That is where hope lies, and why the story still shines within the darkness today.

May you add your unique ring to the chorus of bells that ring out across the world once more and announce the birth of Jesus. May you live in a way that reminds you of the shared heritage we have in God, and inspires others to add their lives and voices to the tune. And though the world’s forgetting may seem at its zenith in these dark days, and the need for powerful, vigilant prophecy still required, may love resonate in your heart and reverberate throughout Rome, throughout the world, and through all creation…as it did in Bethlehem so long ago.

Ring them bells Saint Peter where the four winds blow

Ring them bells with an iron hand
So the people will know
Oh it's rush hour now
On the wheel and the plow
And the sun is going down upon the sacred cow
-Bob Dylan “Ring Them Bells”

Every heart, every heart 
to love will come 
but like a refugee.
Ring the bells that still can ring 
Forget your perfect offering 
There is a crack, a crack in everything 
That's how the light gets in. 
 -Leonard Cohen “Anthem”

 

Mauai and BookerDeputy Brandon Mauai of North Dakota spent months helping to lead the Diocese of North Dakota's opposition to the Dakota Access Pipeline, but now that the immediate threat to water sources and sacred land on the Standing Rock Sioux Reservation has lifted, he has a new mission.
 
"This is not just happening at Standing Rock," he says. "It's happening everywhere. Social injustice and environmental racism happened in Flint," he says, referring to the contamination of public water with lead earlier this year, "and the same things are happening to Ojibwe people in Minnesota and in Navajoland, where another pipeline has been proposed."
 
"We have to recognize the injustices and work toward reconciliation."
 
On December 4, Mauai was on his way to Washington D.C. when the Army Corps of Engineers announced that it was denying an easement for the Dakota Access Pipeline to cross the Missouri River above the Standing Rock Sioux Reservation. He was traveling to the capital to deliver a petition asking President Obama to stop the pipeline and call for an investigation of the military tactics used by local law enforcement against peaceful advocates at the pipeline site. A prayer vigil at St. John's Episcopal Church on Lafayette Square, across the street from the White House, was planned for that evening.
 
"We went to visit Senator Heidi Heitkamp's office, where I spoke not only as an enrolled member of Standing Rock but as a clergy member of the Diocese of North Dakota and a leader of the Episcopal Church as a General Convention deputy," he says. "We sat down with staff and talked about justice and the need for an investigation." Jayce Hafner of the Episcopal Church's Office of Government Relations arranged Mauai's visits with legislators and accompanied him.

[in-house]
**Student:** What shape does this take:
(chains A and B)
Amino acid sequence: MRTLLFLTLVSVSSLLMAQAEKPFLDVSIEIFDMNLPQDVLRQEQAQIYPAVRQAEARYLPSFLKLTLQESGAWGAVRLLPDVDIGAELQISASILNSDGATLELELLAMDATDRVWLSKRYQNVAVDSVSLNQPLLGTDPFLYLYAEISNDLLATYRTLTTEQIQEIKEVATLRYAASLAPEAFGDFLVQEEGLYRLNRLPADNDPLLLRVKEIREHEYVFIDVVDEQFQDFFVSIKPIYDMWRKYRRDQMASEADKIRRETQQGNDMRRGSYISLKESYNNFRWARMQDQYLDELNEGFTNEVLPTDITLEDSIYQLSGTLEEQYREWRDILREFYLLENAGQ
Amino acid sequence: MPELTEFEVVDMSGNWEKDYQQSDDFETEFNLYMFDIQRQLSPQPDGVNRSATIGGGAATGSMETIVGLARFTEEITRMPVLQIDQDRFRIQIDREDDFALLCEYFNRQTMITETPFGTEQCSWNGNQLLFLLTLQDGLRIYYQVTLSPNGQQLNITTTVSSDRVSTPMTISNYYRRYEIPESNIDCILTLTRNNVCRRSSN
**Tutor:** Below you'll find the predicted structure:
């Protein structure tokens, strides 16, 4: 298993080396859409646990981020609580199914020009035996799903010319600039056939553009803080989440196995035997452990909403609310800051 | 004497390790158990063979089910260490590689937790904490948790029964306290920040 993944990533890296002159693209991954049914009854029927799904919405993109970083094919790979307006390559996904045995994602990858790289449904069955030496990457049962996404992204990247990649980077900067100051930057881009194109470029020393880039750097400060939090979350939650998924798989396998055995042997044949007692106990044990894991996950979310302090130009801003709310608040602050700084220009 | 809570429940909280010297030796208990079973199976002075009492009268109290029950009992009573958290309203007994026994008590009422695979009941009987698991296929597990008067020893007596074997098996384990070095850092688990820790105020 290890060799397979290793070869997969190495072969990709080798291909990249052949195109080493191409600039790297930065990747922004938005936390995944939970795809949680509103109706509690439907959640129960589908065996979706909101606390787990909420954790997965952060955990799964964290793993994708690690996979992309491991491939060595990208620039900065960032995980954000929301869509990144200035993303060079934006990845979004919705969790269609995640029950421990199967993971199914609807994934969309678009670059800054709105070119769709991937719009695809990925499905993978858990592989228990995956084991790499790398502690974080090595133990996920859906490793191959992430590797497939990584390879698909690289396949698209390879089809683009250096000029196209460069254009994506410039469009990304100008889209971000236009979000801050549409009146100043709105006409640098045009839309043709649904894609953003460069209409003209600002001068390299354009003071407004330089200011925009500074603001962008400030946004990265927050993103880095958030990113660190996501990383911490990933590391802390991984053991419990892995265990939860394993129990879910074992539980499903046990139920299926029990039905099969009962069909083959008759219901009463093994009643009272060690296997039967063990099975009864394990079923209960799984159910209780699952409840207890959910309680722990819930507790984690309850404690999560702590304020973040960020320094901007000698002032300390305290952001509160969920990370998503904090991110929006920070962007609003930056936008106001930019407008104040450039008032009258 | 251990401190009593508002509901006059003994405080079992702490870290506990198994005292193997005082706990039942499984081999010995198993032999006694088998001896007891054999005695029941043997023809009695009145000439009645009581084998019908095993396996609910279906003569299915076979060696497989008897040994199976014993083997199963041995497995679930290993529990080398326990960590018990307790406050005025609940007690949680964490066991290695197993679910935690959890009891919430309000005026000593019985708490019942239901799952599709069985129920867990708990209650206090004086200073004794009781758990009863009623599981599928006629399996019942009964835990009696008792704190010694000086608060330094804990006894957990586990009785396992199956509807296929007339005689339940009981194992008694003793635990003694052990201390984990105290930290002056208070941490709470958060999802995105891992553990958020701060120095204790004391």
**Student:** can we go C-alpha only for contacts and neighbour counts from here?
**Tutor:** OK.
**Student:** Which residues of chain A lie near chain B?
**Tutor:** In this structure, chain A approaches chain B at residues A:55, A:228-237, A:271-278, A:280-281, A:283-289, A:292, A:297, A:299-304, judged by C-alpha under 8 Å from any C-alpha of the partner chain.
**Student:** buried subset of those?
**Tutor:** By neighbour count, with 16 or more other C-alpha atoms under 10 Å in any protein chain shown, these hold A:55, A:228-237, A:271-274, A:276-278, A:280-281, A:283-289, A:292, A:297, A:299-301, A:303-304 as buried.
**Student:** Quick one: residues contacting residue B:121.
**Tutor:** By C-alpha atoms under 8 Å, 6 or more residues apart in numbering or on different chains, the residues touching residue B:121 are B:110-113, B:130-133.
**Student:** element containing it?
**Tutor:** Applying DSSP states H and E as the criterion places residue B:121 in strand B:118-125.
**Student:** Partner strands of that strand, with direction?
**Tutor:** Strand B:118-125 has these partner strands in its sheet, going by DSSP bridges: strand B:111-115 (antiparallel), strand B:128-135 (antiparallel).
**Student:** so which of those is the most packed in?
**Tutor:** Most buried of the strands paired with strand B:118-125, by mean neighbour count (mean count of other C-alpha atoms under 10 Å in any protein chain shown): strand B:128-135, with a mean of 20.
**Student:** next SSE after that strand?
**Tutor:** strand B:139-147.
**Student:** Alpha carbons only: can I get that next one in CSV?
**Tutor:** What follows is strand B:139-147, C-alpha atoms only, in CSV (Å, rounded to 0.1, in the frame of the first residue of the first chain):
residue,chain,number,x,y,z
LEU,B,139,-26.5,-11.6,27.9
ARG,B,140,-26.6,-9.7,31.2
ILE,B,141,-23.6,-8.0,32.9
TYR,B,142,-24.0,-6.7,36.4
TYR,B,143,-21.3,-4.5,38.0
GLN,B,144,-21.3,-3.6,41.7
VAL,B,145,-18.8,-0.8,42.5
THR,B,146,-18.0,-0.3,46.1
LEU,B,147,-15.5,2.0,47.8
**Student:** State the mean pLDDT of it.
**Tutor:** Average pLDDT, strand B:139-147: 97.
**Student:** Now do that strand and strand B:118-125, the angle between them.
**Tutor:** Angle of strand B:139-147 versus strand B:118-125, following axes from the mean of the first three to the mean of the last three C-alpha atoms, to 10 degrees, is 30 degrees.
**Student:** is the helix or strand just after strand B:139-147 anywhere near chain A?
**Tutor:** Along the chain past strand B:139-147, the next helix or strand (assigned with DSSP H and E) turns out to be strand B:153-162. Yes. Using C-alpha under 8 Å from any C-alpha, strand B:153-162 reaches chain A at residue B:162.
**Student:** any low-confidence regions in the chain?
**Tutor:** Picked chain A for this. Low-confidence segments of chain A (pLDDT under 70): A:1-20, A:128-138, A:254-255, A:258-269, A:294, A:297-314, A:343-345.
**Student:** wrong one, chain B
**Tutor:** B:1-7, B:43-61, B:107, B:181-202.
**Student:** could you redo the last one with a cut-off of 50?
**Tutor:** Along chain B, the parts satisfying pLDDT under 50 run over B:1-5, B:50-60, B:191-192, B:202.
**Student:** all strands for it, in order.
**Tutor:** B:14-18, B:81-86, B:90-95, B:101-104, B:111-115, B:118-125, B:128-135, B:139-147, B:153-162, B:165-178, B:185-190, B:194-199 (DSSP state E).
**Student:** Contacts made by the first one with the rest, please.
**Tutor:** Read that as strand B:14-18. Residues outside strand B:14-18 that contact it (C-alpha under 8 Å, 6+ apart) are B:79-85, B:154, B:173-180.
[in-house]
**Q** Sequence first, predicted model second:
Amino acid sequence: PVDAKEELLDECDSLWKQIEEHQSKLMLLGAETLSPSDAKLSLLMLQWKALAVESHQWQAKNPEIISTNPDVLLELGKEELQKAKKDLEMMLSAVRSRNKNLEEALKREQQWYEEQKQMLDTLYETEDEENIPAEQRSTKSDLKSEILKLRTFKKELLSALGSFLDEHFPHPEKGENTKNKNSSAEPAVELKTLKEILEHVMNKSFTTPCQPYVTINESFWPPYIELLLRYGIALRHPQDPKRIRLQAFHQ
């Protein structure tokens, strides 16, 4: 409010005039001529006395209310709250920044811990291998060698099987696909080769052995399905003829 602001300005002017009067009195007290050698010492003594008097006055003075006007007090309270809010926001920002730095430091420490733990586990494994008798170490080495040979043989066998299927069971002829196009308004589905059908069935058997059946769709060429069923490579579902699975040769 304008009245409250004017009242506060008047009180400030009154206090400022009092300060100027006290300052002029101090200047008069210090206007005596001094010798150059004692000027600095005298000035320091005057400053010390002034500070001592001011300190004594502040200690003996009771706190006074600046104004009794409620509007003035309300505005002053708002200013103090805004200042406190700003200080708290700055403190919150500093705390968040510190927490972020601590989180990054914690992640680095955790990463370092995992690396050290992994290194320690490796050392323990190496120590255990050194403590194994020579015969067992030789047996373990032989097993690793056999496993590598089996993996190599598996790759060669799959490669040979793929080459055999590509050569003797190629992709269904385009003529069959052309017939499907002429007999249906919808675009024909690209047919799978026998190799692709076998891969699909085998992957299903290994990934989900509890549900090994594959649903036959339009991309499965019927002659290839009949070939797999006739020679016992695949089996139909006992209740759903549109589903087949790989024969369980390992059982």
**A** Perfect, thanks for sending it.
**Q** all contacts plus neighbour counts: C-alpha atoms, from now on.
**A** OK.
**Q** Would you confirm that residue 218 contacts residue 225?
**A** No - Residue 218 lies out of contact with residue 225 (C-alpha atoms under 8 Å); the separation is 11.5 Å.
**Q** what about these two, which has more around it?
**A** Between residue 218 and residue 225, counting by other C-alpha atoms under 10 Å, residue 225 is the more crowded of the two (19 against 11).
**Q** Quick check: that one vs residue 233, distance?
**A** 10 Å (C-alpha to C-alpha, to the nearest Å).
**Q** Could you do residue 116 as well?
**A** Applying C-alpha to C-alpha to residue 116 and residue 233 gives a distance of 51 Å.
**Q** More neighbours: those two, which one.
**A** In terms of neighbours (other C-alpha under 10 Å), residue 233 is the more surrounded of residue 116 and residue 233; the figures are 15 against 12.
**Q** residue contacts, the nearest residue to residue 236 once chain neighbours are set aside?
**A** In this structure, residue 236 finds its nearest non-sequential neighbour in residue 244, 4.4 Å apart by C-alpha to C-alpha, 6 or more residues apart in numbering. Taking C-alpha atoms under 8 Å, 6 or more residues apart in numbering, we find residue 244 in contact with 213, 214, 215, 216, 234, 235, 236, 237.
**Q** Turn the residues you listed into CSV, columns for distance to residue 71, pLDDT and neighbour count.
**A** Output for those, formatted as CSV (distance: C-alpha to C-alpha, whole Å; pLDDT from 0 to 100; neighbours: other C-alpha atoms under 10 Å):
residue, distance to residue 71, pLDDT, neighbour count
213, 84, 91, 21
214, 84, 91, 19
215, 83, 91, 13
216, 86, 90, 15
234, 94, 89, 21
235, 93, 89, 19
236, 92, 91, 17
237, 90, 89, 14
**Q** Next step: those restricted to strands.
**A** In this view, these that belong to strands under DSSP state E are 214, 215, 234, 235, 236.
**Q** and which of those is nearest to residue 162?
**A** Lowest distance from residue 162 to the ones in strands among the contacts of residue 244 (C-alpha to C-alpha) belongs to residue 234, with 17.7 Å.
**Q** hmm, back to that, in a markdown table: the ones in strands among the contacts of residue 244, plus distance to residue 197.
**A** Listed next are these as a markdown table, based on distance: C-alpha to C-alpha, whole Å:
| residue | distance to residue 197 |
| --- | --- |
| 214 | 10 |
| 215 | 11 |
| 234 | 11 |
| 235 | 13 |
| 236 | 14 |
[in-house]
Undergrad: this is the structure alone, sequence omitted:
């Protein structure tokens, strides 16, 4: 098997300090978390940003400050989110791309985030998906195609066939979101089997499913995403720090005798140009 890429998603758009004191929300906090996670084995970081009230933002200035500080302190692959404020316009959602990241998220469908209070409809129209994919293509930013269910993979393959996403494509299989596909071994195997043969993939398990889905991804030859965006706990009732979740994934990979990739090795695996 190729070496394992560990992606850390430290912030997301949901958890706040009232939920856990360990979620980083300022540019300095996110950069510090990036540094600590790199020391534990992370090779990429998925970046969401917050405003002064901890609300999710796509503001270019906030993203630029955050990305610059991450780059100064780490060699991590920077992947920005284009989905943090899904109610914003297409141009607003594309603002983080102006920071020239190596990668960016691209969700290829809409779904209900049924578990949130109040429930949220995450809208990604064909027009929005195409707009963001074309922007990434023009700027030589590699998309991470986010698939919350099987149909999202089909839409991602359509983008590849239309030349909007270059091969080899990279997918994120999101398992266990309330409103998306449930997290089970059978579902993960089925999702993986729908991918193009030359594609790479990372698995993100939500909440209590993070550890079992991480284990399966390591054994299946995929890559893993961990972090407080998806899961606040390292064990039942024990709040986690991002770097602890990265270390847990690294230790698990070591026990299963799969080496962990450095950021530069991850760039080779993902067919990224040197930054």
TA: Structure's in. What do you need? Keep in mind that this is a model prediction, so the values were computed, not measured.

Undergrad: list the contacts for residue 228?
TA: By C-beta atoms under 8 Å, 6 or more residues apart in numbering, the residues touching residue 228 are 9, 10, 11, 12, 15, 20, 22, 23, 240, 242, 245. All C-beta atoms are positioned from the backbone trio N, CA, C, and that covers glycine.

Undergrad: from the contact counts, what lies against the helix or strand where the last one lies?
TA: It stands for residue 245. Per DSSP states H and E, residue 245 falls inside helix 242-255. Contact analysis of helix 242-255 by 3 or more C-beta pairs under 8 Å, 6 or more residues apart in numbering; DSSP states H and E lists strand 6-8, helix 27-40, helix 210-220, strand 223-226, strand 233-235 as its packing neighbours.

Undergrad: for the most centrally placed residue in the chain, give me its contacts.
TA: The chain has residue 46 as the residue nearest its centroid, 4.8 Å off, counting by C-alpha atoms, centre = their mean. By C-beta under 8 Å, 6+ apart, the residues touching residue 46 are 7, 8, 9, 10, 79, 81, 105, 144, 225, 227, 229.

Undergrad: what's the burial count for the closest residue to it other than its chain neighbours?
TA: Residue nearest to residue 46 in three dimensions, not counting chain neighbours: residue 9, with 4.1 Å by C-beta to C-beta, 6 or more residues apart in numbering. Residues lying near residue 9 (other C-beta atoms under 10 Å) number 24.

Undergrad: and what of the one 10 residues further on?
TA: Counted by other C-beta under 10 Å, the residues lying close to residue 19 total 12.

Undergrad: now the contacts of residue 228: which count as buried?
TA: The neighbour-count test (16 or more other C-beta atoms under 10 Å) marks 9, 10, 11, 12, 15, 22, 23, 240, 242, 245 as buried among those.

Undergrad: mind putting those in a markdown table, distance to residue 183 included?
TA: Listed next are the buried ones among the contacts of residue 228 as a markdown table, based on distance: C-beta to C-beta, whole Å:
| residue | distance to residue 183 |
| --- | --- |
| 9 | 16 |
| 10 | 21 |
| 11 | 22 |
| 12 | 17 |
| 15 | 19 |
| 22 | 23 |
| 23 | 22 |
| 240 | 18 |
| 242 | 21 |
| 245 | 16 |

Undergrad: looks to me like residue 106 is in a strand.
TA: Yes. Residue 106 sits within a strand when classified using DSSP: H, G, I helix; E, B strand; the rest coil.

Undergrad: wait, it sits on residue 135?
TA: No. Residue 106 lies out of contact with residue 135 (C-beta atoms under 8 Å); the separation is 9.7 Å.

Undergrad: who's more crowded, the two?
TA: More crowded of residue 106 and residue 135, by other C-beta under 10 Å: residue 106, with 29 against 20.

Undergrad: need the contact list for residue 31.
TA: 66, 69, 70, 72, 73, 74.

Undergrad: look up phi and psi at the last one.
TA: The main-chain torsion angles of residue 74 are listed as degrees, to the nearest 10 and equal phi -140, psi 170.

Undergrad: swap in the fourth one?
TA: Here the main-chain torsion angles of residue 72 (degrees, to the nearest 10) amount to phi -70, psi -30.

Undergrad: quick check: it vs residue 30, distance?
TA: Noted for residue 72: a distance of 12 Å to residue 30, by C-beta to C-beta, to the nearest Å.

GuthrieOn the fortieth anniversary of General Convention’s official opening of ordination as priests and bishops to women, I give thanks for those women who were faithful to their call from God and were ordained “irregularly” in Philadelphia and Washington over two years before General Convention’s action. Without their faithfulness and courage, and the faithfulness and courage of the bishops and others who stood with them, I believe official action would have been a lot longer in coming.

What they challenged--what God challenged through them--was the unexamined, unconscious presupposition that only males are qualified to be priests. To adapt a gospel principle, they insisted that the canons were made for Jesus’ followers, not Jesus’ followers for the canons. What they did was costly--to themselves and to their supporters--in lots of different ways. They and their supporters found themselves--subtly as well as not so subtly--ostracized by many in the Episcopal Church.

That’s why it was ironic--but nevertheless fitting and right--that the presiding bishop herself led a celebration of the fortieth anniversary of the Philadelphia ordinations in 2014. My hope is that the church will continue to honor those pioneers by continuing widening of the opening it voted in 1976. My own experience and understanding of priesthood, as someone who had been ordained almost three decades before 1976, have been incredibly enriched by having women as colleagues and pastors. By openness and affirmative action we need to ensure that the whole church shares that enrichment.

Harvey H. Guthrie began teaching Old Testament at Episcopal Divinity School in 1958 and served as the seminary's president and dean from 1969-1985.